The A$274 million stage one, 2 million tonne per annum project is currently nearing commissioning, but the PFS proposes expanding throughput to 5Mtpa.
That would see annual production from the project rise to 800,000 tonnes per annum of 6% spodumene (or 100,000tpa of lithium carbonate equivalent) and around 780,000 pounds per annum of tantalite.
Cash operating costs would be US$210 per tonne cost, insurance and freight, and $225/t over the life of the mine.
Capital costs would be A$207 million.
The PFS returned a post-tax net present value of $2.1 billion, an internal rate of return of 56% and payback of just three years.
Forecast revenue over the 17-year life of mine is $11.5 billion, with life-of-mine earnings before interest, tax, depreciation and amortisation of $6.5 billion.
The figures are based on a LOM spodumene concentrate price of US$594/t CIF.
Existing lithium producers Galaxy Resources and Mineral Resources have recently reported much higher prices.
Galaxy recorded a selling price of $868/t for the December quarter, while MinRes last week flagged a current half sales price of $900/t.
Pilbara is aiming to complete a definitive feasibility study into the expansion by mid-year, followed by a final investment decision in the September quarter.
Construction could begin in the December quarter for commissioning a year later.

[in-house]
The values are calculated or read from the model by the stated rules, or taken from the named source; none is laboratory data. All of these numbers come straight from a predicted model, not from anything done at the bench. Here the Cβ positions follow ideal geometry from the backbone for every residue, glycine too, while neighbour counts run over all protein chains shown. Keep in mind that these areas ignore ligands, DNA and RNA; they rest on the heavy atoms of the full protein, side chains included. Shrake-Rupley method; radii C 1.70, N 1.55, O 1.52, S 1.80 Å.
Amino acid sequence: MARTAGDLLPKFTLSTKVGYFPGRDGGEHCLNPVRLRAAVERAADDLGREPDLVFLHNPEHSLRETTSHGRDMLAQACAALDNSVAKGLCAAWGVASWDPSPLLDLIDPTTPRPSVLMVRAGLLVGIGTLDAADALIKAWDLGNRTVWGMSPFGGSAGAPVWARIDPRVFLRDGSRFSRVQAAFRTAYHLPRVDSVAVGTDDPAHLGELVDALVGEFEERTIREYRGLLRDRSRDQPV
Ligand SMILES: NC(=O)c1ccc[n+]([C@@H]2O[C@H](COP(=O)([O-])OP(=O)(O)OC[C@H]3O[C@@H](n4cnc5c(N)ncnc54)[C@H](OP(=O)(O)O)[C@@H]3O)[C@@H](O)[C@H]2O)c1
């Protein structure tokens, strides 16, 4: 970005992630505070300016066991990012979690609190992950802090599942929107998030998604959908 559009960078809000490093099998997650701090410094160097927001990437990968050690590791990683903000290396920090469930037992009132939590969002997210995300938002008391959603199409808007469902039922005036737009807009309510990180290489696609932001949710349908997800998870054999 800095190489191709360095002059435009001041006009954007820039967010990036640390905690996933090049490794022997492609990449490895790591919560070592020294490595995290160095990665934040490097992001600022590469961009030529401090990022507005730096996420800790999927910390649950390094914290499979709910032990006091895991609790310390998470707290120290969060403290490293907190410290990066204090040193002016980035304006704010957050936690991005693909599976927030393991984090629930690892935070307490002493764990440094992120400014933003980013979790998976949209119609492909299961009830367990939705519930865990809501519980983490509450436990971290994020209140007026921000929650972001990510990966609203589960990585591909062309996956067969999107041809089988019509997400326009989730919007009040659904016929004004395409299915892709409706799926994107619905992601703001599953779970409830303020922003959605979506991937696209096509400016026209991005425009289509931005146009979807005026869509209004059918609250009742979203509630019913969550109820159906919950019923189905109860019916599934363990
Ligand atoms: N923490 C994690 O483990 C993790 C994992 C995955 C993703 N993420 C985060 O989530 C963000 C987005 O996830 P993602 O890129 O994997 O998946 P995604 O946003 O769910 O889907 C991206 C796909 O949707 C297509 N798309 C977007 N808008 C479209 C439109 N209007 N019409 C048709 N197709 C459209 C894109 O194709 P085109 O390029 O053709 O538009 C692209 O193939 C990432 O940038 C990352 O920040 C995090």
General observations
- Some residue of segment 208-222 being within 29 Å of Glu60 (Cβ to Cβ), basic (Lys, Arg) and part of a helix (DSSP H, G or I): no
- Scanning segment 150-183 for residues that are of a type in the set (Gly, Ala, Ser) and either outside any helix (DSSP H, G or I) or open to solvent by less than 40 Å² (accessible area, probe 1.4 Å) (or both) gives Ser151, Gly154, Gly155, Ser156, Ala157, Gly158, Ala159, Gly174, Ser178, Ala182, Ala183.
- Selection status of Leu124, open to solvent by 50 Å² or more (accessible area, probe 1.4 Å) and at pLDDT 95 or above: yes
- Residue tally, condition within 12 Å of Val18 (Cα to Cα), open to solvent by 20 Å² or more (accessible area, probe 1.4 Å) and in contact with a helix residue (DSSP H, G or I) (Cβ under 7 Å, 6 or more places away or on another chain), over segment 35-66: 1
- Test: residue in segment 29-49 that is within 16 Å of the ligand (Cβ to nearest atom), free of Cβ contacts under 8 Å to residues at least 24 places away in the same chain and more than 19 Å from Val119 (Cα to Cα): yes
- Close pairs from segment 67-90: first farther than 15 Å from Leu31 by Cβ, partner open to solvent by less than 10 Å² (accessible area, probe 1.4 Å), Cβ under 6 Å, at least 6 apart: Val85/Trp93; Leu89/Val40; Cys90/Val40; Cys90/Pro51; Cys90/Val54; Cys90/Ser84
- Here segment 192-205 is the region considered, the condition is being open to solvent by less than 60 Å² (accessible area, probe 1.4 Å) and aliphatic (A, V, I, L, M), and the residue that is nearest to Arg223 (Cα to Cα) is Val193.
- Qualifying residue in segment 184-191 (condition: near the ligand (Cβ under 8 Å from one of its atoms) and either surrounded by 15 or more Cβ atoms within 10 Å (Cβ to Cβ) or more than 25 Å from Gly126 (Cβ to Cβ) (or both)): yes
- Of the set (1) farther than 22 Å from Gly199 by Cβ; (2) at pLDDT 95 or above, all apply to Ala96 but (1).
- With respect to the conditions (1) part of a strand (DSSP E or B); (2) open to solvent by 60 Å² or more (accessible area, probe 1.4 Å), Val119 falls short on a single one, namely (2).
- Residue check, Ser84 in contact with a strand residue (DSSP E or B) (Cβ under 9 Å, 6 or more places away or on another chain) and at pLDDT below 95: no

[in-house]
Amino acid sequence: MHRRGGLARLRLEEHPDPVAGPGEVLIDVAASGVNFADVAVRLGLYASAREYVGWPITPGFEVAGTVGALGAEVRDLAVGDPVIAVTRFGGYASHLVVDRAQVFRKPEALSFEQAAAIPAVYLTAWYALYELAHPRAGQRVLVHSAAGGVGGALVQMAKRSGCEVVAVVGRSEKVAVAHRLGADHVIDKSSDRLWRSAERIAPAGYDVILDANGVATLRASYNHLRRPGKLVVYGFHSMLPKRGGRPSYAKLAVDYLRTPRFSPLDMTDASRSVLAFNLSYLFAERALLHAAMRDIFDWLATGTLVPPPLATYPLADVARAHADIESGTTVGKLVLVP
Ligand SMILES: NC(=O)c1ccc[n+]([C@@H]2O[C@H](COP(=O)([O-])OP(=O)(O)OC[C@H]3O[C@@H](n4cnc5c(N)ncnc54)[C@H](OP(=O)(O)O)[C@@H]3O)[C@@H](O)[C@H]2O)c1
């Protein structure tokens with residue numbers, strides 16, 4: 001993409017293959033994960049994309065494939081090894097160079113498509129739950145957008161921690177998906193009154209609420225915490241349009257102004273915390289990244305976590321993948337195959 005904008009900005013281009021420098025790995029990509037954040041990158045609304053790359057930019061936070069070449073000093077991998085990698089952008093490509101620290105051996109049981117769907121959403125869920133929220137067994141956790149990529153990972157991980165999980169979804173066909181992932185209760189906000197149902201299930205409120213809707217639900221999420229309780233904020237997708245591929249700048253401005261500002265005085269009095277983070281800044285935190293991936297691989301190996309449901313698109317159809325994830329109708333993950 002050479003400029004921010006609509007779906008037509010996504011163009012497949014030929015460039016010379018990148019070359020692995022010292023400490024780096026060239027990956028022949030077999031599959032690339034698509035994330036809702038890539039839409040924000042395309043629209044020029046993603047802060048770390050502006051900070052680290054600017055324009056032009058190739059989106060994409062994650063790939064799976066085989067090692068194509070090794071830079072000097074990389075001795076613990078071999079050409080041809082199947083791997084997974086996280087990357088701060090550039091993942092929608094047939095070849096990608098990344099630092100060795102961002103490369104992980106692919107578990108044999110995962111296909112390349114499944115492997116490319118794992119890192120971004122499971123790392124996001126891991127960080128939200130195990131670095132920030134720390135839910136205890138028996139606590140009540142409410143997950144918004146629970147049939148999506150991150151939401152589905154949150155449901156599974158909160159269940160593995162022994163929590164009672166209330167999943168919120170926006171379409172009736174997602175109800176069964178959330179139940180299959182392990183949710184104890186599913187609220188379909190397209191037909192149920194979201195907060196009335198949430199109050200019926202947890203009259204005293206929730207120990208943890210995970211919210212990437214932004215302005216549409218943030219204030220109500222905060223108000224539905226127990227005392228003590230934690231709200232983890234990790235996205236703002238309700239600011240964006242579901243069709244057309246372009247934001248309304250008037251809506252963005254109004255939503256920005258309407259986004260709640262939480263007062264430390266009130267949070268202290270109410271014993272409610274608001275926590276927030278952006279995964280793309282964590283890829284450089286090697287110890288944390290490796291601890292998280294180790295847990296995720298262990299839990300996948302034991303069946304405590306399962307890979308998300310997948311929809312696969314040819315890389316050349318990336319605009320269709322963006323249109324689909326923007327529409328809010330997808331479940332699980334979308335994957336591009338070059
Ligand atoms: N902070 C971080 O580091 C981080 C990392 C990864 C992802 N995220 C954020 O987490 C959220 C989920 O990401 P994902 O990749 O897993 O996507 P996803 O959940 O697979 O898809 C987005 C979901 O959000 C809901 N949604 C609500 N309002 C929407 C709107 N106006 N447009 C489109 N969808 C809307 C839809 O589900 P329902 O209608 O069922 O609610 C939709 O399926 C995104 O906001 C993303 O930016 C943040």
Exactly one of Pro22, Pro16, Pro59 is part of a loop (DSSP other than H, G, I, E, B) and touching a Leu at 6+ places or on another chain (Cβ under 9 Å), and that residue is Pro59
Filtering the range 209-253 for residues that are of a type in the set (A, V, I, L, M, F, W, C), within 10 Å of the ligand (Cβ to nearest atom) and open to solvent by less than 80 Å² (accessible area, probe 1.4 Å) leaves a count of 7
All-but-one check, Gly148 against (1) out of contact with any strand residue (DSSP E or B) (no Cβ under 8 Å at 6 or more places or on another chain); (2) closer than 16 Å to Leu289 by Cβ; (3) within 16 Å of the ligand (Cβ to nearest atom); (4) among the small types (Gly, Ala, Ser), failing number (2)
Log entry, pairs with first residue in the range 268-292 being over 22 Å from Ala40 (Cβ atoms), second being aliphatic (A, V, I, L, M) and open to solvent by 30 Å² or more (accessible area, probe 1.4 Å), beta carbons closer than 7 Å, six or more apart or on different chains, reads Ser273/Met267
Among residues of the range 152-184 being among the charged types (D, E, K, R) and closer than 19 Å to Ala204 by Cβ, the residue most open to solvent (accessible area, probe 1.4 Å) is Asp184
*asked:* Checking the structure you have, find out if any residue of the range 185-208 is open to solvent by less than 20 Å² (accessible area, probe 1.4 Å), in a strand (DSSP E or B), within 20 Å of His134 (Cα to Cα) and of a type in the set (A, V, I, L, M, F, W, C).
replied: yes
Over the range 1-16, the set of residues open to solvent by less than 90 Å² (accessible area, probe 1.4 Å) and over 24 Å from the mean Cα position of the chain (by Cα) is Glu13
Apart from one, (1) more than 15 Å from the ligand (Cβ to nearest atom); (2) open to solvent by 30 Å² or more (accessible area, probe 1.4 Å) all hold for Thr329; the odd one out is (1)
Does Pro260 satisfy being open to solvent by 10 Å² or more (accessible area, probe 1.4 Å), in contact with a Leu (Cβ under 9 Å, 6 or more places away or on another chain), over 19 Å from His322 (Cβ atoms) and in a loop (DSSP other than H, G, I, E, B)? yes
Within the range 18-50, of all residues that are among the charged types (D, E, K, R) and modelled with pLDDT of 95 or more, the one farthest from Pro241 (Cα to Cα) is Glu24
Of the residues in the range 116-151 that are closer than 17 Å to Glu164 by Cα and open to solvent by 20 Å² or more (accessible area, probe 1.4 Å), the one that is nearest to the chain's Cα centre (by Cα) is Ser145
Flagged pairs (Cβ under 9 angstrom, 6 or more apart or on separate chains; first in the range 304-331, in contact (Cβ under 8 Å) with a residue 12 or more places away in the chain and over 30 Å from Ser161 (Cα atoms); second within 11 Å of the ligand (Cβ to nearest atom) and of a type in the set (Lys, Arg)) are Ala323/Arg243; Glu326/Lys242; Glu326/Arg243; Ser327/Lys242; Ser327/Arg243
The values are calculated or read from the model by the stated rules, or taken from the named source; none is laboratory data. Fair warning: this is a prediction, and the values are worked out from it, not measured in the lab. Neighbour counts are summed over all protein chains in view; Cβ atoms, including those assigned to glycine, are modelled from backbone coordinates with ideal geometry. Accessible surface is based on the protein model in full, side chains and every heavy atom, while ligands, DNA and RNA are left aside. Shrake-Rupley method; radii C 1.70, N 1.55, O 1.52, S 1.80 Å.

Pilbara already has the support of Ganfeng Lithium and Great Wall Motor Company.
Of the additional tonnage to come from stage two, 150,000tpa is committed under existing offtake agreements, while an additional 150,000tpa subject to Great Wall and Ganfeng providing cash prepayment or debt finance facilities totalling around $100 million.
Pilbara said the balance of the stage two production was subject to current offtake discussions, while the remaining funding required could be secured via stage one cashflow, offtake, debt, prepayments or equity.
Pilbara managing director Ken Brinsden described the PFS results as compelling, with the decision to study an expansion into the 5Mtpa rate vindicated.
“The exponential growth which is occurring across the lithium-ion supply chain as the industry in China and elsewhere gears up for transformational growth to meet demand from the automotive and energy storage sectors is now becoming better understood,” he said.
Brinsden said current drilling was likely to further increase resources and reserves, increasing the potential for an extension of the mine life or the optimisation of production scenarios.
“Together with confirmatory test work and DFS technical refinement to be undertaken over the next few months, we are confident this will provide further upside over and above these impressive results,” he said.
“However, the PFS results alone clearly justify a decision to complete the current stage two DFS, which is well underway and on track for completion in the September quarter of this year.”
Meanwhile, stage one will start commissioning in the June quarter, while direct shipping ore sales will also begin around the same time via an agreement with Atlas Iron.
Shares in Pilbara jumped by 9% to A86.7c. The stock traded as high as $1.22 in January before dropping to 79.5c yesterday.